Childhood obesity has reached epidemic proportions worldwide, especially among industrialized nations like the U.S. According to the CDC, the percentage of children with obesity in the U.S. has more than tripled since the 1970s—with approximately one in five school-aged children (ages 6–19) being obese. Scientists and physicians are constantly on the lookout for the underlying mechanisms that influence obesity, while simultaneously trying to improve children's’ diets.
In recent years, investigators have uncovered the essential role that the gut microbiota plays in maintaining proper health and the onset of various disease states. Now, a team of researchers led by scientists at the University of Calgary have just published new data that shows taking a powdered fiber supplement not only alters the gut microbiome but helps children maintain a healthier weight—potentially helping to prevent many diseases caused by obesity. Findings from the study were published recently in Gastroenterology, in an article entitled “Prebiotic Reduces Body Fat and Alters Intestinal Microbiota in Children With Overweight or Obesity.”
This is the first time a study using a prebiotic fiber was performed on children to improve their intestinal bacteria profile, as a couple of teaspoons of a fiber supplement, taken daily, has produced results that have the researchers feeling optimistic about the future of this type of therapy.
“Powdered fiber, mixed in a water bottle, taken once a day is the simple change we asked the children to do, and we got what we consider some pretty exciting results—it has been fantastic,” explained senior study investigator Raylene Reimer, Ph.D., professor and researcher at the University of Calgary's faculty of kinesiology.
Children with overweight or obesity who were recruited for the study were given a prebiotic fiber, oligofructose-enriched inulin for 16 weeks; another group of children took a placebo.
“We performed a single-center, double-blind, placebo-controlled, trial of 2 separate cohorts (March 2014 and August 2014) at the University of Calgary in Canada,” the authors wrote. “Participants included children, 7 – 12 years old, with overweight or obesity (>85th percentile of body mass index) but otherwise healthy. Participants were randomly assigned to groups given either oligofructose-enriched inulin (OI, 8 g/day; n=22) or maltodextrin placebo (isocaloric dose, controls; n=20) once daily for 16 weeks. Fat mass and lean mass were measured using dual-energy-x-ray absorptiometry. Height, weight, and waist circumference were measured at baseline and every four weeks thereafter. Blood samples were collected at baseline and 16 weeks and analyzed for lipids, cytokines, lipopolysaccharide, and insulin. Fecal samples were collected at baseline and 16 weeks; bile acids were profiled using high-performance liquid chromatography, and the composition of the microbiota was analyzed by 16S rRNA sequencing and quantitative PCR. The primary outcome was changed in percent body fat from baseline to 16 weeks.”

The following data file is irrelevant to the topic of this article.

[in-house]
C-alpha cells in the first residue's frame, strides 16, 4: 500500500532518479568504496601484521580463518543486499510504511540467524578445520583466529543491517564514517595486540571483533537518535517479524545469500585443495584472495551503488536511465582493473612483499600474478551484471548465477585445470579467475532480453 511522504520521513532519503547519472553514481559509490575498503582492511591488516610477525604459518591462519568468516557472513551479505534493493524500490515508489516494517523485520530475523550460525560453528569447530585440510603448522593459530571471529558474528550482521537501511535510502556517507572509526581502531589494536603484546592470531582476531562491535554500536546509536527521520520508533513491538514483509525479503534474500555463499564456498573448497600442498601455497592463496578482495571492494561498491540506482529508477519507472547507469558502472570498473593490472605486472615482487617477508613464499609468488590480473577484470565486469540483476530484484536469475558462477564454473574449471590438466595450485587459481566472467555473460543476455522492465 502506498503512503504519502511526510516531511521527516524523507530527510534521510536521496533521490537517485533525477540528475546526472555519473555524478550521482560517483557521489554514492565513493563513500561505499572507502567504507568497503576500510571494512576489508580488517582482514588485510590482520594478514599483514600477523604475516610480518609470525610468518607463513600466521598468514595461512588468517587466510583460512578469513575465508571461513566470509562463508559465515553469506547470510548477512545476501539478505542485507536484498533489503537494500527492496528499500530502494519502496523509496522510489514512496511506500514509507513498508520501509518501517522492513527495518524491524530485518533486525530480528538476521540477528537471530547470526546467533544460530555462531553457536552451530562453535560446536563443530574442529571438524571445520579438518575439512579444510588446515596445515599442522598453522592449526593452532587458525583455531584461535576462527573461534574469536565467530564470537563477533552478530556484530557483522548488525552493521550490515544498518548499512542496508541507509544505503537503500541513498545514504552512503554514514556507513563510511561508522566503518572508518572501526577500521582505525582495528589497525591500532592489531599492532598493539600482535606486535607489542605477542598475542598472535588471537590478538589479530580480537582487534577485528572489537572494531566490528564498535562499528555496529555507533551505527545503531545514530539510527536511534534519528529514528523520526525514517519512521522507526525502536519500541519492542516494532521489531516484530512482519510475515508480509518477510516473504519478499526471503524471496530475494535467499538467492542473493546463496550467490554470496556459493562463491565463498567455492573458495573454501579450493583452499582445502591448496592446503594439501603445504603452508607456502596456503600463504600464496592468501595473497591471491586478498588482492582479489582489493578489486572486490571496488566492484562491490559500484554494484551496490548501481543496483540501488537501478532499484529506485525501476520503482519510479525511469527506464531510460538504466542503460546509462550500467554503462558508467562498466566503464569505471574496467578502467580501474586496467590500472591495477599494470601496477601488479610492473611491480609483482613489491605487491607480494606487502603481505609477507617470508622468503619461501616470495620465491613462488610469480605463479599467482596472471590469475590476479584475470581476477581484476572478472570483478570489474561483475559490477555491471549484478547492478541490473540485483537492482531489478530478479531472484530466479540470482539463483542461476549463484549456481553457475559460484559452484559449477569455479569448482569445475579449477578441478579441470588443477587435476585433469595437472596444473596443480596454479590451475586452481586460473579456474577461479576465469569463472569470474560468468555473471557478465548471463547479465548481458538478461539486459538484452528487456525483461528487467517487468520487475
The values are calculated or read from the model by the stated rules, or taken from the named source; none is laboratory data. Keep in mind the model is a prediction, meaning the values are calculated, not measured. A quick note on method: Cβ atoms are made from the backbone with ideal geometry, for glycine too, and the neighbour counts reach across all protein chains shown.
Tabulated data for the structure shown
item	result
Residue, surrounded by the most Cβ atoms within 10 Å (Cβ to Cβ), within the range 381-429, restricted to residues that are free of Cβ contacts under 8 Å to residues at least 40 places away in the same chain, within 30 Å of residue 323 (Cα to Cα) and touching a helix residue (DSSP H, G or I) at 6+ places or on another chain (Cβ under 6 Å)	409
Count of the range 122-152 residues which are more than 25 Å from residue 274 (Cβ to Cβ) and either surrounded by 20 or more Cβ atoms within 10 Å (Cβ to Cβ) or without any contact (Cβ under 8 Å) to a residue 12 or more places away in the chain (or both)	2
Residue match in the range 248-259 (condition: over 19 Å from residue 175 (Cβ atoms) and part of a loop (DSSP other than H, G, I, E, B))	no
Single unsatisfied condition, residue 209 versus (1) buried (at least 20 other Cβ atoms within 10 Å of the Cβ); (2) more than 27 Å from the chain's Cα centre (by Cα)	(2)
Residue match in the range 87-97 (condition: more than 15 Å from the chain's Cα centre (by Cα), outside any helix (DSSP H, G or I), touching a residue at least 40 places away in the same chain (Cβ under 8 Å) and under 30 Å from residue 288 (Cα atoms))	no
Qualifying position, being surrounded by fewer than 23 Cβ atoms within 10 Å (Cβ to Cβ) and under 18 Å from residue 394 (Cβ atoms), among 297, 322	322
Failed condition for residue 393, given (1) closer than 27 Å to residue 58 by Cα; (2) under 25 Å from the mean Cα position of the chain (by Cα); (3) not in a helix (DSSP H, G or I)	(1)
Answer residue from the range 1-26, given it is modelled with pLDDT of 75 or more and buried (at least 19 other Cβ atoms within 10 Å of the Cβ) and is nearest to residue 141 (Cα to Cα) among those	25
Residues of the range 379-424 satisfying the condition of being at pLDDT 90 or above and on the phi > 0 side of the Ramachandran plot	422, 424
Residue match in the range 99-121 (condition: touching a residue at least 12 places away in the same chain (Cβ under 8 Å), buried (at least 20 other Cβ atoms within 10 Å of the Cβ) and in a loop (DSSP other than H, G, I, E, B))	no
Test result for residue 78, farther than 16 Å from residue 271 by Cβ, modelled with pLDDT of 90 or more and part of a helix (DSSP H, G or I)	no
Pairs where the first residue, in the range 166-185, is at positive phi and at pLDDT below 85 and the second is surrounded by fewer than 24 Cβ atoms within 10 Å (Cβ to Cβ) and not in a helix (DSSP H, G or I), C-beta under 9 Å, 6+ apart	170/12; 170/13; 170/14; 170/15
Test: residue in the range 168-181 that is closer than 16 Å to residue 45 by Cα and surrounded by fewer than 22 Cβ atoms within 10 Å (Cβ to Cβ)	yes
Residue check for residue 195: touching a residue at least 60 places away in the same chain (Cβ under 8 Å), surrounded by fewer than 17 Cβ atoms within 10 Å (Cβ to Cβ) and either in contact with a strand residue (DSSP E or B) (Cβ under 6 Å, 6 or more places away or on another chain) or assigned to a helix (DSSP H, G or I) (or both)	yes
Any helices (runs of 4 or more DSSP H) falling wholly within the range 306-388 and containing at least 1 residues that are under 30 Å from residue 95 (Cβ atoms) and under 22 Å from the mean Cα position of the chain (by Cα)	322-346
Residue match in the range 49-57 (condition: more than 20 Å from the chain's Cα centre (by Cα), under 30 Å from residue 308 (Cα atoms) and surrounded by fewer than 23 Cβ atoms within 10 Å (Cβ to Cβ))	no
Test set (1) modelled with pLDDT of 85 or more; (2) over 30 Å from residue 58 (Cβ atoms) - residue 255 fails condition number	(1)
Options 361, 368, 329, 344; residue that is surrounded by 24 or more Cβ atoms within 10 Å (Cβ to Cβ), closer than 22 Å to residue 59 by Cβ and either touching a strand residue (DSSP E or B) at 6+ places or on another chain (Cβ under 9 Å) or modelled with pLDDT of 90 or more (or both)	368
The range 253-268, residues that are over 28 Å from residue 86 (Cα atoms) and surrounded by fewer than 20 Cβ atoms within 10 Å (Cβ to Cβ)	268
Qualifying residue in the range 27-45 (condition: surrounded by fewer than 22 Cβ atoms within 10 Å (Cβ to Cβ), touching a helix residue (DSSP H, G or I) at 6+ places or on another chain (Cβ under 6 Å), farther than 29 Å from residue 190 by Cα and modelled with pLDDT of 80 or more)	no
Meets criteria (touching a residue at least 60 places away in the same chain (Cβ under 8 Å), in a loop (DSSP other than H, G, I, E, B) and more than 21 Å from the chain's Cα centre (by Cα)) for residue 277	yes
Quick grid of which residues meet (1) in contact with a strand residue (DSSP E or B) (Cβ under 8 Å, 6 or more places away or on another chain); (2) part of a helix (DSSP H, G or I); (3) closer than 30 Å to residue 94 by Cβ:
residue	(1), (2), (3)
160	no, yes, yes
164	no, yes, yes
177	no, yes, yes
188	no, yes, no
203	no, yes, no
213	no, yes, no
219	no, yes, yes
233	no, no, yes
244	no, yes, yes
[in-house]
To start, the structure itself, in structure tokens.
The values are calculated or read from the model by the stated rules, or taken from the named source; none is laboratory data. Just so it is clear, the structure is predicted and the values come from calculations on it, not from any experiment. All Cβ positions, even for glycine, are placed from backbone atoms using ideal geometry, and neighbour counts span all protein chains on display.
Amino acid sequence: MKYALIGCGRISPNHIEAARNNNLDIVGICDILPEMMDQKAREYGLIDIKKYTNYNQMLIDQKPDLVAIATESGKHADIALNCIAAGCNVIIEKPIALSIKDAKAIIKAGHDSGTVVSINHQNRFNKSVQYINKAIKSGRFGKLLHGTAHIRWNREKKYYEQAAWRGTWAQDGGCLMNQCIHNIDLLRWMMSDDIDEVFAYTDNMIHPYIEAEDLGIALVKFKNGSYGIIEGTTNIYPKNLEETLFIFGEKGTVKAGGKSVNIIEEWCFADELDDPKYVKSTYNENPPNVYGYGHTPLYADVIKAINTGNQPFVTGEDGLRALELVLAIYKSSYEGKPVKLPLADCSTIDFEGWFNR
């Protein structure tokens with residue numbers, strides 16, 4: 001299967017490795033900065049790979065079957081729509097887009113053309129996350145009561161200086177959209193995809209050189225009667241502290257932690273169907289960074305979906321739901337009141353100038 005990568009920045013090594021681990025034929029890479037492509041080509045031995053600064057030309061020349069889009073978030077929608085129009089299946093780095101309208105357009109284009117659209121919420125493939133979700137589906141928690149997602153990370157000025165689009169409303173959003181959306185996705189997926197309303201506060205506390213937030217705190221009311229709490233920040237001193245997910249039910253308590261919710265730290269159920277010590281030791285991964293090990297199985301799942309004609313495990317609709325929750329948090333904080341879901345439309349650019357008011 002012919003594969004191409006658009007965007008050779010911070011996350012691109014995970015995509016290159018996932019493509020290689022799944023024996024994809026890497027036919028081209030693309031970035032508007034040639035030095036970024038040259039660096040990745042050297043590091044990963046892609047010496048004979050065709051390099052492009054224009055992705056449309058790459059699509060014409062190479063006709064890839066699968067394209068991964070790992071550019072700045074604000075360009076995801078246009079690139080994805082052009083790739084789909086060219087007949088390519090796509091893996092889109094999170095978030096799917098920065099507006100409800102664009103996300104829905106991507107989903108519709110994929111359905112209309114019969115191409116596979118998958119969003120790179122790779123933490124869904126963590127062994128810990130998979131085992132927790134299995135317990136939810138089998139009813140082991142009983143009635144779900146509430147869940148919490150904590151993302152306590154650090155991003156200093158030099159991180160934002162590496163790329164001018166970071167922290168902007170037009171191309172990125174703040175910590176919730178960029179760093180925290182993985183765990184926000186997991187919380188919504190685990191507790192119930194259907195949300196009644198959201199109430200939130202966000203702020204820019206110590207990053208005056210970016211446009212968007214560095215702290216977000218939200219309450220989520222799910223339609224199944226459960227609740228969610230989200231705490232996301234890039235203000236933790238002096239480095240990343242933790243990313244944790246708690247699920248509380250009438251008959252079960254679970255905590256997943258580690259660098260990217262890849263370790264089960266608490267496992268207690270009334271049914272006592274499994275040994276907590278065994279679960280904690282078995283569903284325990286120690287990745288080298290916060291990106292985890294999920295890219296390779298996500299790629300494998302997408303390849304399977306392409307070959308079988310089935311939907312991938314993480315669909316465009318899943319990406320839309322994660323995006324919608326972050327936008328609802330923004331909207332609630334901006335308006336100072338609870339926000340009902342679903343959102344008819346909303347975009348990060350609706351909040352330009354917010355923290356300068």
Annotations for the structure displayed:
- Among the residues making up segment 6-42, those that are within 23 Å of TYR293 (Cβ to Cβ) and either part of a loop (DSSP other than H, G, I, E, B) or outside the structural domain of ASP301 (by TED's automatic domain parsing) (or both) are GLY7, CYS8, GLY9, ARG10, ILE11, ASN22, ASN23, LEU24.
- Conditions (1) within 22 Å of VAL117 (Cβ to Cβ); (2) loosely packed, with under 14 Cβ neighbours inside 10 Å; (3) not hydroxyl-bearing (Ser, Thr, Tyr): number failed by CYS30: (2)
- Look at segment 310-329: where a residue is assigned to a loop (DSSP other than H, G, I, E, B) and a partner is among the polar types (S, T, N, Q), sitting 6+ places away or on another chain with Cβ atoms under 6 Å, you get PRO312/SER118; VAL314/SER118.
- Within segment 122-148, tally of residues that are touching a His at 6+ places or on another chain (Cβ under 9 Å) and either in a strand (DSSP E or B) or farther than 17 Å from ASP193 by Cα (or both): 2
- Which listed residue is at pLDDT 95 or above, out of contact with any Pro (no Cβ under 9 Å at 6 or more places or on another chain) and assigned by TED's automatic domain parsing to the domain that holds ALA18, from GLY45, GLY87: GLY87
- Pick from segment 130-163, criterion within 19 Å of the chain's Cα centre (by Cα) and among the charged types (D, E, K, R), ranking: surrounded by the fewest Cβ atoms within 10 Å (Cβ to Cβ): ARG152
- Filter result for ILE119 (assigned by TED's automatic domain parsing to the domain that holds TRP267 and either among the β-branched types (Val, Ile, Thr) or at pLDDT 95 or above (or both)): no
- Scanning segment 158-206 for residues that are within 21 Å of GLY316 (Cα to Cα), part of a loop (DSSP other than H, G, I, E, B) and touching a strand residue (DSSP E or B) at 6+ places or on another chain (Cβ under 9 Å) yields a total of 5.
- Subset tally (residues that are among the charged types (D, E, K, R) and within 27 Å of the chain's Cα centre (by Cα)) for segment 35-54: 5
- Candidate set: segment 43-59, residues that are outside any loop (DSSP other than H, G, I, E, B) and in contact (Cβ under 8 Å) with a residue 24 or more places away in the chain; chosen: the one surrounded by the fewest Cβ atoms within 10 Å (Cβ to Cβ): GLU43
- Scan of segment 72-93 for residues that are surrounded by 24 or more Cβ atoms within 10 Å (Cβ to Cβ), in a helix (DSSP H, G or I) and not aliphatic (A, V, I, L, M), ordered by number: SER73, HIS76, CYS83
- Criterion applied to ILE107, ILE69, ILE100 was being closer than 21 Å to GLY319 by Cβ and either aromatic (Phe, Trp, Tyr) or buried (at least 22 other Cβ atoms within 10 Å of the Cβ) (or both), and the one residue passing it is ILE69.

Amazingly, after taking the supplement for four months, the children between the ages of seven and 12 years had a decrease in body fat and the fat around their abdomen, which increases the risk of developing type 2 diabetes or heart disease. The fiber also decreased the amount of triglycerides—which increase the risk of heart disease—in their blood by 19%.
“To me, what is so meaningful about this study is you can stop this trajectory of continuing to gain more and more weight,” Dr. Reimer noted. “Being overweight in childhood tends to persist into teenage years then into adulthood. This study, literally, allowed these kids to meet what would be considered normal growth rates for their age.”
In addition to the positive result of the children attaining a healthy weight gain, the youth who took the supplement changed the profile of their gut bacteria. Prebiotics, found naturally in garlic, onions, bananas, and whole wheat, act as a fertilizer for the good bacteria already in the gut. They are different from probiotics, which are live bacteria found in a variety of foods, including yogurt and sauerkraut.
The authors noted that prebiotics are inexpensive and noninvasive and could be a plausible intervention for children with overweight or obesity. The microbial findings from this study provide a foundation for a larger clinical trial in the pediatric population and show the potential for improving health by changing intestinal bacteria with diet. Although the authors did stress that obesity is a very complex issue and one that often requires multiple different strategies to help individuals achieve a healthier body weight.
“We have also recently shown that a prebiotic supplement can suppress appetite—which is one part of helping manage weight,” Dr. Reimer concluded. “Since we know that intestinal bacteria can influence what happens in the brain, we will continue to study how appetite and other functions in the brain are changed by diet and particularly fiber.”